Field Services Annual Report by Matt Raymond – Director
The Field Services department covers a broad range of seed and grain services. Under our various accreditations, we conduct field inspections for certification, phytosanitary, and weed-free forage programs during the growing season. After inspections end in autumn we move to the greenhouse and lab and spend our time conducting trait purity and adventitious presence testing.
In addition to the daily inspection and testing routines, we also take part in voluntary and required training sessions, conduct proficiency testing to maintain our lab status, and keep an eye on emerging trends in the industry.
During the past year, IL Crop inspectors walked over 1,300 fields totaling over 65,000 acres. Crops inspected included corn, soybeans, wheat, oats, barley, popcorn, and sweetcorn. Much of our work is done in collaboration with other organizations. For our phytosanitary field inspections performed under the National Seed Health System, the University of Illinois Plant Clinic conducts the disease analysis on tissue samples submitted by field inspectors. Suzanne Bissonnette retired at the end of April 2019 and Diane Plewa took over as the new Director of the Plant Clinic. The transition has been excellent and we look forward to continuing our collaboration with the University of Illinois Plant Clinic. We wish Suzanne all the best in retirement and thank her for her excellent service and leadership.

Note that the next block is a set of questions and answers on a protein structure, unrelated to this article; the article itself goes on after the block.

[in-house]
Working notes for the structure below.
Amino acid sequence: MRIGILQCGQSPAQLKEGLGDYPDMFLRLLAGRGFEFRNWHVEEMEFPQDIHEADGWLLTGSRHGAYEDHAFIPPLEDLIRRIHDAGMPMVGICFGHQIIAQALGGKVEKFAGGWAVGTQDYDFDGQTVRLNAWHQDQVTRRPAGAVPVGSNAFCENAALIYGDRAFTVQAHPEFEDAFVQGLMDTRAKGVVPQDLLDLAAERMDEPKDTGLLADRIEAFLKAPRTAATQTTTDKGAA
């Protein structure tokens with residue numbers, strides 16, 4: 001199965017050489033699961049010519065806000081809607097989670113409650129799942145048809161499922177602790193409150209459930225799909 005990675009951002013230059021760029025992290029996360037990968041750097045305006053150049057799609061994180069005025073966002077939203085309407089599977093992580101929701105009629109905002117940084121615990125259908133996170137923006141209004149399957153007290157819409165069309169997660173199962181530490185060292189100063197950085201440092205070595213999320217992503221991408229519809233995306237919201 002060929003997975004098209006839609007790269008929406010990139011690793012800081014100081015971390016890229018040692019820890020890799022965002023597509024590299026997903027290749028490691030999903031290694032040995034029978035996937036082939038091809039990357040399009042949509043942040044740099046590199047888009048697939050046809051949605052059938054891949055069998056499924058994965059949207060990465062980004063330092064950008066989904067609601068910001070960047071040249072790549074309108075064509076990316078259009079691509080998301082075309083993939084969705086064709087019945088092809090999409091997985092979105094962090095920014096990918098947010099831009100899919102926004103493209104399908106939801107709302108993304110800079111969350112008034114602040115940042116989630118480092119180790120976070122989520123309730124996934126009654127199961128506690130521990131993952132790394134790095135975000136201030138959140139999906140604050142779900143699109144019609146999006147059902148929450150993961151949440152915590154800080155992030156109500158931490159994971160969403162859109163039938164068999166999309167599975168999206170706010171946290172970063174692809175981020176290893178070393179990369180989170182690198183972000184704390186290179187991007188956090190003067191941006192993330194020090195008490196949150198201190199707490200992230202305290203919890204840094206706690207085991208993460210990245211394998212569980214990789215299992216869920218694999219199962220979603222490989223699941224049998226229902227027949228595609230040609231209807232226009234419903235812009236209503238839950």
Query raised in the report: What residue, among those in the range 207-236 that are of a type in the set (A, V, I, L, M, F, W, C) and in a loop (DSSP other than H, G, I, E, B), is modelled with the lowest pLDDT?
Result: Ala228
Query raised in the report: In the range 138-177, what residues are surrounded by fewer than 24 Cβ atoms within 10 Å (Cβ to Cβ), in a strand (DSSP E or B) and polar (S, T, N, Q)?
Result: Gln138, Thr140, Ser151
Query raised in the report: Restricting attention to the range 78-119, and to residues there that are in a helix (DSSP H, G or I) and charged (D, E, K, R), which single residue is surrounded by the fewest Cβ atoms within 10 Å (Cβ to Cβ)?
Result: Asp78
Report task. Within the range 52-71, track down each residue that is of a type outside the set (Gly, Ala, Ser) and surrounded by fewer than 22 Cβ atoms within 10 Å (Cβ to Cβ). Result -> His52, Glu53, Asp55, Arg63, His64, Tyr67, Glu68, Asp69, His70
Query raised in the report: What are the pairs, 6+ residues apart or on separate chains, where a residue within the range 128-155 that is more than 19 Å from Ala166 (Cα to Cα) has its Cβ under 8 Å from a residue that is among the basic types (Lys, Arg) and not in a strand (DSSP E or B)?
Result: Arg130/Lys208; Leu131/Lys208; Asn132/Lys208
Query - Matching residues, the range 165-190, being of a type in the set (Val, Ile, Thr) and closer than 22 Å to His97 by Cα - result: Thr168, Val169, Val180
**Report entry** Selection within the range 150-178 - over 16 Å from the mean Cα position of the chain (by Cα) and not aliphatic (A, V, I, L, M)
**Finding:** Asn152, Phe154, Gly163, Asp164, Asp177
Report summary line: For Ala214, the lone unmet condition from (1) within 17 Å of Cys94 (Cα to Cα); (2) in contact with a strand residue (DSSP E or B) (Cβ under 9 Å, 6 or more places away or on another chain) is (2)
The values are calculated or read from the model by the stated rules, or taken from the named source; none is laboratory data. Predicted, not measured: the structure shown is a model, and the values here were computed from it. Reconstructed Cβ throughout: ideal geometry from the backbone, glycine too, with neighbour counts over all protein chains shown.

Hemp has rapidly become one of the most inquired about topics in the past year, and it is a fast-evolving and changing industry. To keep abreast of this trend I attended an Industrial Hemp Tour in Colorado sponsored by the Association of Official Seed Certifying Agencies (AOSCA) in July 2019 and the Illinois Hemp Summit hosted by the IL Department of Agriculture in December. The Colorado tour focused on hemp production related to certification and I visited fields grown for seed, fiber, CBD and research. The Illinois Hemp Summit was set up as a large conference and discussed the State’s first-year hemp crop data, current policy requirements and possible upcoming regulatory changes. Discussion panels were set up for growers, processors and researchers. Each panel discussed the high and low points from the previous growing seasons and answered audience questions. Both of these events were beneficial, but since this industry is still so young there were many details that were still in flux and will require follow-up down the line.
The greenhouse and trait lab continue to offer accurate and timely results. Herbicide bioassays, enzyme linked immunosorbent assays, and lateral flow strip tests make up the majority of the seed tests and we are looking into expanding into new technologies. Sample volumes were similar to past seasons and have kept the staff busy. Aaron Reed, Field Services Technician, attended the Society of Commercial Seed Technologist Genetic Workshop this winter to broaden his testing knowledge and his goal of gaining his genetic technologist accreditation. We continually strive to improve our knowledge, practices and policies and are looking forward to another inspection and testing season in the year ahead.